Sagging Floor Deal 26k Ready to Move In or Rent

2 Replies

So I’m working on a deal for a 2 bdrm 1 bath house in a very decent area and decent school district. The floor saga over the crawl space 🤬. They were asking 35k but according to the county records it’s worth 29k. I submitted an offer for 26,500 with a contingency that the house would pass an inspection because the floor concerns me. It also has a broken window and that’s it. Everything else is great! Ready for move in. I going to rent it for $700 per month. Should I steer clear of this deal due to the floor? Have you all encountered this issue? Did I low ball them too bad? I’m only thinking of the repair costs of the floor.
Originally posted by @Candice Co :
So I’m working on a deal for a 2 bdrm 1 bath house in a very decent area and decent school district. The floor saga over the crawl space 🤬. They were asking 35k but according to the county records it’s worth 29k. I submitted an offer for 26,500 with a contingency that the house would pass an inspection because the floor concerns me. It also has a broken window and that’s it. Everything else is great! Ready for move in. I going to rent it for $700 per month. Should I steer clear of this deal due to the floor? Have you all encountered this issue? Did I low ball them too bad? I’m only thinking of the repair costs of the floor.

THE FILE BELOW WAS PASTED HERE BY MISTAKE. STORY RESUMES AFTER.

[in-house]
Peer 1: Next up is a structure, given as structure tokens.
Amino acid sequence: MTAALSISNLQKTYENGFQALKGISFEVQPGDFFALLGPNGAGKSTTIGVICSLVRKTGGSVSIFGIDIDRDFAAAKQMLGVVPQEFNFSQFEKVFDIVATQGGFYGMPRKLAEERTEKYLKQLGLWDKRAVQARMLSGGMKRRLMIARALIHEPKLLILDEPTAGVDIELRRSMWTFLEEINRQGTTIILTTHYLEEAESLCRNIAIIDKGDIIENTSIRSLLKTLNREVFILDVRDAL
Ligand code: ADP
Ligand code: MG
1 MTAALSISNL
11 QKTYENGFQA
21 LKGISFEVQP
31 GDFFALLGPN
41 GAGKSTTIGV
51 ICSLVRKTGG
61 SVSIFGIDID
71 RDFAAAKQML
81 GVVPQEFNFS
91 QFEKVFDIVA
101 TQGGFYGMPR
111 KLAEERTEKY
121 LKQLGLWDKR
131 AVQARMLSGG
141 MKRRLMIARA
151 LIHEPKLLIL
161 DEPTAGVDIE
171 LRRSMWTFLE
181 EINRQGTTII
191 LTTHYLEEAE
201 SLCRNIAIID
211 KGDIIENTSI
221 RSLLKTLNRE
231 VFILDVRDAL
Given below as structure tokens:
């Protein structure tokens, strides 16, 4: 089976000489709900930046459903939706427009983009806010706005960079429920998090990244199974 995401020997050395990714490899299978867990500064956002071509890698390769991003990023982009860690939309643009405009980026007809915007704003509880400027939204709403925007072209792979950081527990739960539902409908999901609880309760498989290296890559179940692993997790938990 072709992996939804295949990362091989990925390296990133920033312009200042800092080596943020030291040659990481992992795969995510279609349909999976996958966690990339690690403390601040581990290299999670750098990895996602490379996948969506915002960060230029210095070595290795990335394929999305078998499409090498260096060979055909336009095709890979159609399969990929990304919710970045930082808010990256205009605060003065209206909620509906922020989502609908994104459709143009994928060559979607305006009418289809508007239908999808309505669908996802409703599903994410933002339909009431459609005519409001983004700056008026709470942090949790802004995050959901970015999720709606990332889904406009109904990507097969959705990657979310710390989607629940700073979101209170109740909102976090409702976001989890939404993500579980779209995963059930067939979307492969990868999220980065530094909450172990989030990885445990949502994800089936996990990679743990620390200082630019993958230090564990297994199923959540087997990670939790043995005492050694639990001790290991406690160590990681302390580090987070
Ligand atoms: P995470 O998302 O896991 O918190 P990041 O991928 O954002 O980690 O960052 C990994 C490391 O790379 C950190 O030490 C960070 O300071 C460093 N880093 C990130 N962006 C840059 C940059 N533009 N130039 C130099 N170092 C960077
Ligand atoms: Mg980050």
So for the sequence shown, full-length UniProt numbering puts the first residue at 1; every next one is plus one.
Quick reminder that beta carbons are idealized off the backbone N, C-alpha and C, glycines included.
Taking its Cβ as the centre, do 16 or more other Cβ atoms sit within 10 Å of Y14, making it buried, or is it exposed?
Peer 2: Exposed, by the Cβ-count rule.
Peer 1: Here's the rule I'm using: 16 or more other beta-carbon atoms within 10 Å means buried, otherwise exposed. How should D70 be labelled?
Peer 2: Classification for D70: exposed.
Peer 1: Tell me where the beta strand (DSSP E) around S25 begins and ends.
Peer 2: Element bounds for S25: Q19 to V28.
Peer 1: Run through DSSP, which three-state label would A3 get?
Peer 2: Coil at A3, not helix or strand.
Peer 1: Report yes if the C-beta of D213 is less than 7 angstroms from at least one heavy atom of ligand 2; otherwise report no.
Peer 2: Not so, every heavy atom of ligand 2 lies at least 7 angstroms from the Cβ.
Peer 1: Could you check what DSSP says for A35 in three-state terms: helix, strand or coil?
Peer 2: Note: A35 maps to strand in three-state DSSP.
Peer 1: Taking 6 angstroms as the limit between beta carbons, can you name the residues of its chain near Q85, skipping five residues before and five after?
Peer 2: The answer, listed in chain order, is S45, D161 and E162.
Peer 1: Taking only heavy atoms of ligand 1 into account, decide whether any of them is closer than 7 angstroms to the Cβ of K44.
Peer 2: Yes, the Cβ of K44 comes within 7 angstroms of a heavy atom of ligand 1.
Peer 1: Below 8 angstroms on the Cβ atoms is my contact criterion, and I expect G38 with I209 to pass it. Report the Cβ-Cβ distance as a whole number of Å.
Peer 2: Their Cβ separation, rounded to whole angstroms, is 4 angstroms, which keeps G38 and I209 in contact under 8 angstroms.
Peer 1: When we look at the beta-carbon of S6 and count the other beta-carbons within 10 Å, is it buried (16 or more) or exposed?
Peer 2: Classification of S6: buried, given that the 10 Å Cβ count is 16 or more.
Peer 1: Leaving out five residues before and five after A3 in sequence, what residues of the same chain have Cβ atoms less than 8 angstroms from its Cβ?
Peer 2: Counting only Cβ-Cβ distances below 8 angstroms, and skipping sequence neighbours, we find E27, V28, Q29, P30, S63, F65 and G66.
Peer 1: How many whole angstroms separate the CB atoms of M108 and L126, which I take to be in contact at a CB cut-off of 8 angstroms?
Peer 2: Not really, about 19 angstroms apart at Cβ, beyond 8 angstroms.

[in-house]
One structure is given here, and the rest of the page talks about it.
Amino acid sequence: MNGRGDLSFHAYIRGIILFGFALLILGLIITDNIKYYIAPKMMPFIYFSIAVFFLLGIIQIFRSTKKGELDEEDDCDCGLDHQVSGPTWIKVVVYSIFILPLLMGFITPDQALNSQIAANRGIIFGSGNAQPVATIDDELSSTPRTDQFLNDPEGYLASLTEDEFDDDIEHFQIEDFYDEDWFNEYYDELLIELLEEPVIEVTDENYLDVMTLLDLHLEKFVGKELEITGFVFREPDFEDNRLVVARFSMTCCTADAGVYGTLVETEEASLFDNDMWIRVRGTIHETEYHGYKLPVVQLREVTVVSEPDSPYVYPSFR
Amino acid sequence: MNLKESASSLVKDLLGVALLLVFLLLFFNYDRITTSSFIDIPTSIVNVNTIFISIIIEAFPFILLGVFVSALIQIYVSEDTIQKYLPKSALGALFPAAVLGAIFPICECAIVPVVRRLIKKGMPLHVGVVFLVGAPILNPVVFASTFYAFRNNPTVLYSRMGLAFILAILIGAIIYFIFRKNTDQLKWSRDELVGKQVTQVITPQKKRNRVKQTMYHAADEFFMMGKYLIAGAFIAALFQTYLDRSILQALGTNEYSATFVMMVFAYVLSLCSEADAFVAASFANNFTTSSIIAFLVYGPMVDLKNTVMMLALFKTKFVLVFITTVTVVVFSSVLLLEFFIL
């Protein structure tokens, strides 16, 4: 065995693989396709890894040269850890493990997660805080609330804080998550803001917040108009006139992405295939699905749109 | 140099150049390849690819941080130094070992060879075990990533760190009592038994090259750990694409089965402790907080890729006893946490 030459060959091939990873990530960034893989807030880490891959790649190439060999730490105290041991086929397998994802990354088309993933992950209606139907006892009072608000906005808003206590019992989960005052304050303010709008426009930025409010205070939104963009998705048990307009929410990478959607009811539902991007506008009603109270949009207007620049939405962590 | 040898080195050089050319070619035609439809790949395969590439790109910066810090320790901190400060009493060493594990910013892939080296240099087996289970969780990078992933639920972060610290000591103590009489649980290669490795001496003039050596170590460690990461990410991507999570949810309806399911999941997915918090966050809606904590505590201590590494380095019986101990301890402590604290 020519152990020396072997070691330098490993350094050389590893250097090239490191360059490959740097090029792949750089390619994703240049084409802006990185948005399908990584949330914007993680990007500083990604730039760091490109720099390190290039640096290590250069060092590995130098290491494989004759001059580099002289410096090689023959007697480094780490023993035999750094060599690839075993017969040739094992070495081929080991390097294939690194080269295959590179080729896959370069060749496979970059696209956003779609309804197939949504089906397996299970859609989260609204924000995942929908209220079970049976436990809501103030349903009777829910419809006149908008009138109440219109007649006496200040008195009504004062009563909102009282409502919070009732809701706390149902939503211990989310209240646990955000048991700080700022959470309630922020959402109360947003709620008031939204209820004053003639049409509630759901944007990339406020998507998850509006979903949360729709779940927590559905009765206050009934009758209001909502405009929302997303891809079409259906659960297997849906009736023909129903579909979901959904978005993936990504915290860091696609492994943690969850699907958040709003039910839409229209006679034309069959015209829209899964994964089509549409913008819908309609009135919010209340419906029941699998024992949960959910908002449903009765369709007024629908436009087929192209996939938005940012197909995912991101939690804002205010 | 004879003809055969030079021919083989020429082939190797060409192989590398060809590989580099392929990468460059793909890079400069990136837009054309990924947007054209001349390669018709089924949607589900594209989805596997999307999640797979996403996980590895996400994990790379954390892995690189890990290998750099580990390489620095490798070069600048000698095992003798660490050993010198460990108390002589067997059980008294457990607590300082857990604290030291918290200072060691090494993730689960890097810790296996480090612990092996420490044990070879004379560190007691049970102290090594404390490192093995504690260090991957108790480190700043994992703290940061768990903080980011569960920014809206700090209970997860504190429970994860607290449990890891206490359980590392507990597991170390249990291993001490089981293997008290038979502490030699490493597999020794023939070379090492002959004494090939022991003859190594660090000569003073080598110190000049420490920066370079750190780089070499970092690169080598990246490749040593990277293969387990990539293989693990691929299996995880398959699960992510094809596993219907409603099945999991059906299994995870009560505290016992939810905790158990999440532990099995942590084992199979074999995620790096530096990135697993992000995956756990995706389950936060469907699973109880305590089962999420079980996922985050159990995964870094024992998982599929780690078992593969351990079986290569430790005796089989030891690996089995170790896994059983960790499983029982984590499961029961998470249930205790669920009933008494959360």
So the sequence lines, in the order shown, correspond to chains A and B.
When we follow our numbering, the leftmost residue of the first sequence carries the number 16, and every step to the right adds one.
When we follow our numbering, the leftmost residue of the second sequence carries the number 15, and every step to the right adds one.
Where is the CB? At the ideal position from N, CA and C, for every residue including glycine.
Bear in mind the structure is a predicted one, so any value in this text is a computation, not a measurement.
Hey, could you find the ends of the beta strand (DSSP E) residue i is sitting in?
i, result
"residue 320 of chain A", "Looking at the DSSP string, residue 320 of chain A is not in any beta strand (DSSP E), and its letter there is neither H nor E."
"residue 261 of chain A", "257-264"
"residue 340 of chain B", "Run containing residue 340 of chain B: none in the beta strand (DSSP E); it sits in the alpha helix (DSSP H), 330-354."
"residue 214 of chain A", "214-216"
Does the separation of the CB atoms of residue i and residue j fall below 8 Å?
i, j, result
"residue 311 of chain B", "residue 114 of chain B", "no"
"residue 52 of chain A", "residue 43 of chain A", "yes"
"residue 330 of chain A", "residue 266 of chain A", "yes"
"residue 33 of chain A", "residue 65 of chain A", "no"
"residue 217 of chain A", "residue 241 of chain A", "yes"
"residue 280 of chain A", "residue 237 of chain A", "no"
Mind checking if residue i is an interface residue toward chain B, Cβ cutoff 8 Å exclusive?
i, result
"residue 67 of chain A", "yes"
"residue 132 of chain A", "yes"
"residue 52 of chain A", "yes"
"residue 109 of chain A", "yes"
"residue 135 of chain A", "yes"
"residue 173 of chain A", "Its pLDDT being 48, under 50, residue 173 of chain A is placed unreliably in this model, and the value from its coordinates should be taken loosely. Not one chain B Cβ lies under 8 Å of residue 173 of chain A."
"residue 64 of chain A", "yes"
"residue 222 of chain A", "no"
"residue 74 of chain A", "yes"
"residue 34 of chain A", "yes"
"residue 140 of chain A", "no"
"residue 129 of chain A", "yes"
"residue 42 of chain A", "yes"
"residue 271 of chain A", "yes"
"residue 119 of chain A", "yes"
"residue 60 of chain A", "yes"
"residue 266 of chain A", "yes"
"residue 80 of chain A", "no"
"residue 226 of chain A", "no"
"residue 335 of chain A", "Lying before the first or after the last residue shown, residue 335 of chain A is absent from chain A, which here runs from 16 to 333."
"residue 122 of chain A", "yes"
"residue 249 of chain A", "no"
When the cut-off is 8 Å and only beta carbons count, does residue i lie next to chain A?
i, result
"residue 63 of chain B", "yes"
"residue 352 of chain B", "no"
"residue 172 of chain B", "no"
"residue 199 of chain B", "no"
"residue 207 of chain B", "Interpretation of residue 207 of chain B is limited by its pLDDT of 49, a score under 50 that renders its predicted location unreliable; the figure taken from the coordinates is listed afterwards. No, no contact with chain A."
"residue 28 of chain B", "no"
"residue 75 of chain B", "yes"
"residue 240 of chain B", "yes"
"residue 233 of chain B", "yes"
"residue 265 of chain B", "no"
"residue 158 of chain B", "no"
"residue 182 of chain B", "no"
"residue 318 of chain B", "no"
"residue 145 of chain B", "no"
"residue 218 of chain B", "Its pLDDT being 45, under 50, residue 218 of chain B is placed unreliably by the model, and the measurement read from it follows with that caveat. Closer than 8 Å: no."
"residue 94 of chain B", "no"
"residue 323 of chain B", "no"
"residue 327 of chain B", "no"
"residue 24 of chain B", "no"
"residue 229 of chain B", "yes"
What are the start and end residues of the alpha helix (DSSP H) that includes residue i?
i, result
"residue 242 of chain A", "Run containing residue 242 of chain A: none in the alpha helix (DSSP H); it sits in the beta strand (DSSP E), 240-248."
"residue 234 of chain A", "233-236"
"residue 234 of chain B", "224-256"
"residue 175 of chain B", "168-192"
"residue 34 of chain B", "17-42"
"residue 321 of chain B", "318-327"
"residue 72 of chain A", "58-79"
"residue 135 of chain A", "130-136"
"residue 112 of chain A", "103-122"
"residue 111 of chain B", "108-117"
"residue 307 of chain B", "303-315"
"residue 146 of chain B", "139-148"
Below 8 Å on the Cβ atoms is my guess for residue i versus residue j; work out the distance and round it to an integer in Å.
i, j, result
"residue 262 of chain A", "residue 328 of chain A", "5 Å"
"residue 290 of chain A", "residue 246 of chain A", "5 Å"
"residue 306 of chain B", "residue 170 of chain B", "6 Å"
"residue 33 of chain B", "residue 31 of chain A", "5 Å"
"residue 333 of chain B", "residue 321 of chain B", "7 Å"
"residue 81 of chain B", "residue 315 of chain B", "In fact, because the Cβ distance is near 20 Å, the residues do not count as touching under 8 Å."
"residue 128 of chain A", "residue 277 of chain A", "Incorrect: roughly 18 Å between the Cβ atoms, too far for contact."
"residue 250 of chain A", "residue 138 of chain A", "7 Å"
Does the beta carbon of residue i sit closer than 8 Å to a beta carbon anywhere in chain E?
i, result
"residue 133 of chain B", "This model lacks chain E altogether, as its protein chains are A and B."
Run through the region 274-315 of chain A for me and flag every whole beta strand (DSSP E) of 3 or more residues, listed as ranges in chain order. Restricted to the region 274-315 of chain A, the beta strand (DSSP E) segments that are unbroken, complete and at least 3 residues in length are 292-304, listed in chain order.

Since you don't mention where the property is located it is a little hard to know the building style and soil conditions. However, if the house is Post & Pier, you can easily enough jack up the house at the appropriate spots and replace the posts so that the house is level. If the house is built on a concrete pad, run. ;-) You actually can have a company inject concrete under the slab but you need to know why it is sagging or it is likely to sag again. If the house has a full basement and the floor above is sagging, it's even easier. You can buy adjustable metal posts and place a few where needed. 

The county records are only for tax purposes, they don't really tell you value. You need to find 3 properties that are like the subject property that Sold in the last 90 days and are within half a mile and compare the selling prices. Listing prices aren't used for comps. If you can't find that many like the subject or within half a mile or sold within 90 days, you take the next best properties until you are convinced you've done the best you can. An appraiser will do that for you and they charge anywhere from $200 to $500. If you are using a bank loan they will require an appraisal and they will order one for you. Bottom line is that a house is worth what someone is willing to pay for it.

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